Steven Hull Shiffrin, Charles Frank Reavis Sr. Professor of Law at Cornell Law School, died on Memorial Day, most likely from lung cancer. He had wonderful support from dedicated health-care workers, especially Dr. Ann Costello, her team, and Anne Reilley. He is survived by his wife of forty-three years, Neesa Levine, his three children, Seana (Amirvala), Benjamin (Jiwon), and Jacob (Sarah), and his grandchildren Madeline, Noah, Sareena, Shane, and Yohan.
Described by many colleagues as a titan among First Amendment scholars and the “progressive conscience” of the Cornell Law School, Shiffrin’s career path was winding and unusual. His father William Shiffrin was a talent agent and his mother Helen Johnston, a former model. Steve and his siblings, Lucy and Chris, grew up in a smoke and alcohol drenched home of fiercely negotiated deals, high-strung celebrities, and raucous Hollywood parties.
His high school transcript is peppered with Cs and Ds, perhaps because his focus was on the baseball diamond – perfecting a wicked knuckleball. A sprained finger derailed his pitching career, so he channeled his competitive spirits into the Loyola University Debate program. Through debate, he met his first wife Mary Valentine, and won many tournaments and friends with his rapier intellect and mischievous humor. His transcript barely improved but his debate acumen got him into grad school at UCLA. While pursuing a doctorate in communication, he taught as a communication professor and debate coach at Memphis State University and San Fernando Valley State College (now Cal State Northridge). He abandoned his doctoral studies to attend Loyola Law School as a night student. Although he was initially rejected for admission, he graduated first in his class and served as chief editor of the law review. This led to a federal clerkship with Judge Warren Ferguson and a job at Irell and Manella. After an amicable divorce, he married Neesa Levine and taught at UCLA Law School for ten years before moving to Cornell Law in 1987 with Neesa and their two sons.
He read widely across law, political theory, philosophy, anthropology, theology, political science, thrillers, mysteries, and bridge strategy. His terrific breadth produced path-breaking books and articles about free speech theory, defamation, government speech, commercial speech, religious freedom, and the separation of church and state. He also collaborated on one of the leading constitutional law casebooks, celebrated for its academic thoroughness and diverse sources. His work emphasized the central importance of dissent, but also the folly of searching for a single organizing free speech principle. Nearly every week, he would declare “To have a system is to lack integrity,” attributing this (loosely) to Nietzsche.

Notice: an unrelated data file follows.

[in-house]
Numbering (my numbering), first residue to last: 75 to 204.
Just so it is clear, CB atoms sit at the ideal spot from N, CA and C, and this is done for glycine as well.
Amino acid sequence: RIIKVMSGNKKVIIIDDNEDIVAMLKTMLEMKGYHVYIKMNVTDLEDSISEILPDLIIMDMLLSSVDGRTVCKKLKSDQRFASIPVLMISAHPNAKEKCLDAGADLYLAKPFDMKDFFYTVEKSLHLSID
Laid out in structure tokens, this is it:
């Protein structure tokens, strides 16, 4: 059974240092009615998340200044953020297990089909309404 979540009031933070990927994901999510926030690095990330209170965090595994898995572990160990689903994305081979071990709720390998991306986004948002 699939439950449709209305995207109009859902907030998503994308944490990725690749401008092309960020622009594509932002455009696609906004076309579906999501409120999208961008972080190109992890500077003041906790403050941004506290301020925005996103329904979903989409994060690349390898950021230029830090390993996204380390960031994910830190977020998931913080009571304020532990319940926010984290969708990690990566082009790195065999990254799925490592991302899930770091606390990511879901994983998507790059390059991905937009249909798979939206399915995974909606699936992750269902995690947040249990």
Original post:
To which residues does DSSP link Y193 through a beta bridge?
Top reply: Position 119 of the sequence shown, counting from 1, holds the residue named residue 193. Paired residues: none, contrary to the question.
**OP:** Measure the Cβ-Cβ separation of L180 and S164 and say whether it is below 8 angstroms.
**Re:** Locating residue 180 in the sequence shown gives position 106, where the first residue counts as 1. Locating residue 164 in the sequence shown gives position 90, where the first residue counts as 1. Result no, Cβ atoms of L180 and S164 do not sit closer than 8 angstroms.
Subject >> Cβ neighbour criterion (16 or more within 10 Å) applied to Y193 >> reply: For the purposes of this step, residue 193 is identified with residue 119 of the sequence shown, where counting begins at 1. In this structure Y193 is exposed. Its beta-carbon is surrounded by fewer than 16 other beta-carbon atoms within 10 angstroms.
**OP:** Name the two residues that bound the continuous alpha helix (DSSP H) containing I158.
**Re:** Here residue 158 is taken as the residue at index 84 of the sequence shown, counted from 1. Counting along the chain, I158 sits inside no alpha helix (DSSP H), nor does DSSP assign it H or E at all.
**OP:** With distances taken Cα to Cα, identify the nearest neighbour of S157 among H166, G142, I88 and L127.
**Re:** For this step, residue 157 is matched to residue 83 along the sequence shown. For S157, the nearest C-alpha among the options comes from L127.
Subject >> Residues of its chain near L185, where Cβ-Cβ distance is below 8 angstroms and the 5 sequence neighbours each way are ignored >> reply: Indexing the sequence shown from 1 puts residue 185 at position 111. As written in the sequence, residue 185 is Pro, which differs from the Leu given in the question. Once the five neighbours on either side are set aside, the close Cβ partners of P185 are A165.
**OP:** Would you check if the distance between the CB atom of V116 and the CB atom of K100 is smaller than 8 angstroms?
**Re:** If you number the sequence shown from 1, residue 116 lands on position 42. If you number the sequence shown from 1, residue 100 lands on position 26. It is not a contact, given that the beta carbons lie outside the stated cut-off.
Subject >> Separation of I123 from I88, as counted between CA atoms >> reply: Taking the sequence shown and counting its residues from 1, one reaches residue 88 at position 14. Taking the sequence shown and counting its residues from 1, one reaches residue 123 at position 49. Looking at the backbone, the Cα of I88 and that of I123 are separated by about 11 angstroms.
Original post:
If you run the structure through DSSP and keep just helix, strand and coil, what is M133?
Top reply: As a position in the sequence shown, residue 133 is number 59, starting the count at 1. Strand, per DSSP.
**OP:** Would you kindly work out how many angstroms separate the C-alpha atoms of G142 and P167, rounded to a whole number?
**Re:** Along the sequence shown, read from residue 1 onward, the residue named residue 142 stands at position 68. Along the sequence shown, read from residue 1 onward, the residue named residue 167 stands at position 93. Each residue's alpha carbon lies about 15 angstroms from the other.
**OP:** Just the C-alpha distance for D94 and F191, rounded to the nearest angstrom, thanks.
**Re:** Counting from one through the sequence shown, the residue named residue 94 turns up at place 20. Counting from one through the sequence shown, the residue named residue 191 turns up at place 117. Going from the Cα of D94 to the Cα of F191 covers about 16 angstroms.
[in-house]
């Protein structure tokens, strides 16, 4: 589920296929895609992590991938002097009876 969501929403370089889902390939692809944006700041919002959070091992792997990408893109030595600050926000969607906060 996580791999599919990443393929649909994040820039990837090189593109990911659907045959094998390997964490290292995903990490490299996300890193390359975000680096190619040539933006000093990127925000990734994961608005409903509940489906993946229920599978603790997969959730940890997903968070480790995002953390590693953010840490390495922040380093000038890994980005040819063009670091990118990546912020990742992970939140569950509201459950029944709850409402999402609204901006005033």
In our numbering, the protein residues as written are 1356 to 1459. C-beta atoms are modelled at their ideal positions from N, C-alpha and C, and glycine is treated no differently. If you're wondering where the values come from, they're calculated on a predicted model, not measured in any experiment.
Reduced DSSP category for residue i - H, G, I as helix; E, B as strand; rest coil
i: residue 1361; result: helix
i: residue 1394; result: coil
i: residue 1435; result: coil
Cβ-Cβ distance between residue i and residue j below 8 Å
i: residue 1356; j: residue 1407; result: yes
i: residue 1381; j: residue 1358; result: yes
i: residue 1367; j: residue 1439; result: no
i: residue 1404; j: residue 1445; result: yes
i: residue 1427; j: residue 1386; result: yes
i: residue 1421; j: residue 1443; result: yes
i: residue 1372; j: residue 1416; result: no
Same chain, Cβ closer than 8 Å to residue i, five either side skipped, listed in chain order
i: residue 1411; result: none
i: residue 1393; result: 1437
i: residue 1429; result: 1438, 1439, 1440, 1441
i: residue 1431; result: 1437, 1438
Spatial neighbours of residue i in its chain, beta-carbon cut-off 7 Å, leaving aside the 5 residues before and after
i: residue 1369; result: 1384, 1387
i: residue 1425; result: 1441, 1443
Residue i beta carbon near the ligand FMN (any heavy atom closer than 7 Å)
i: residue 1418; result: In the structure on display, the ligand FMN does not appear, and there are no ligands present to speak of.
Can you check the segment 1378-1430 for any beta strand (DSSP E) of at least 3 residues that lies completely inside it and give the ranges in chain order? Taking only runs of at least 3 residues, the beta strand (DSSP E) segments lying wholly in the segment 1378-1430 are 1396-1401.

Steve pushed the absent-minded-professor aesthetic to its furthest frontiers. He did not care to wear suits, shave, file, or clean his ant-infested car. He thrived, however, on social interaction. He was a magnetic teacher, underscoring his lectures with theatrical gesticulations. He forged connection after connection with students, colleagues, friends, and strangers by asking questions of people, one by one, to figure out what they thought and cared about. And, there was his fantasy baseball crew, his bridge partners, the “Counter Culture” at Moosewood Restaurant. In many corners, he was known less as a towering intellect and more as a kind soul.
He was invested in politics and his academic, local, and national communities. He wrote regularly for the ReligiousLeftLaw blog and authored many amicus briefs on free speech, religion, and LGBTQ+ issues; at Memphis State, his controversial invitations of free speech advocates to campus in the civil rights era made the news; he helped to integrate the debate squad and to found the Africana Studies Department at Northridge; he served as President of the Board of both the Ithaca City School District and the local non-profit Loaves and Fishes. After retirement, he trained as a criminal defense attorney, doing pro bono and assigned counsel work that included the defense of pacifists arrested for their protests of the drone strike operations conducted at the Air Force base near Syracuse.
Steve had enormous enthusiasm for family, friends, colleagues, students, food, religious inquiry, and Elton John. Steve could be a sharp and discerning critic, yet he had a soft spot for sentimentality in film and music. (We’re talking Celine Dion here.)
Steve will be sorely missed, especially by his wife and children to whom he was sweetly devoted. Donations in his memory may be made to Loaves and Fishes, 210 N. Cayuga Street, Ithaca, NY 14850, Doctors without Borders, or Action Against Hunger.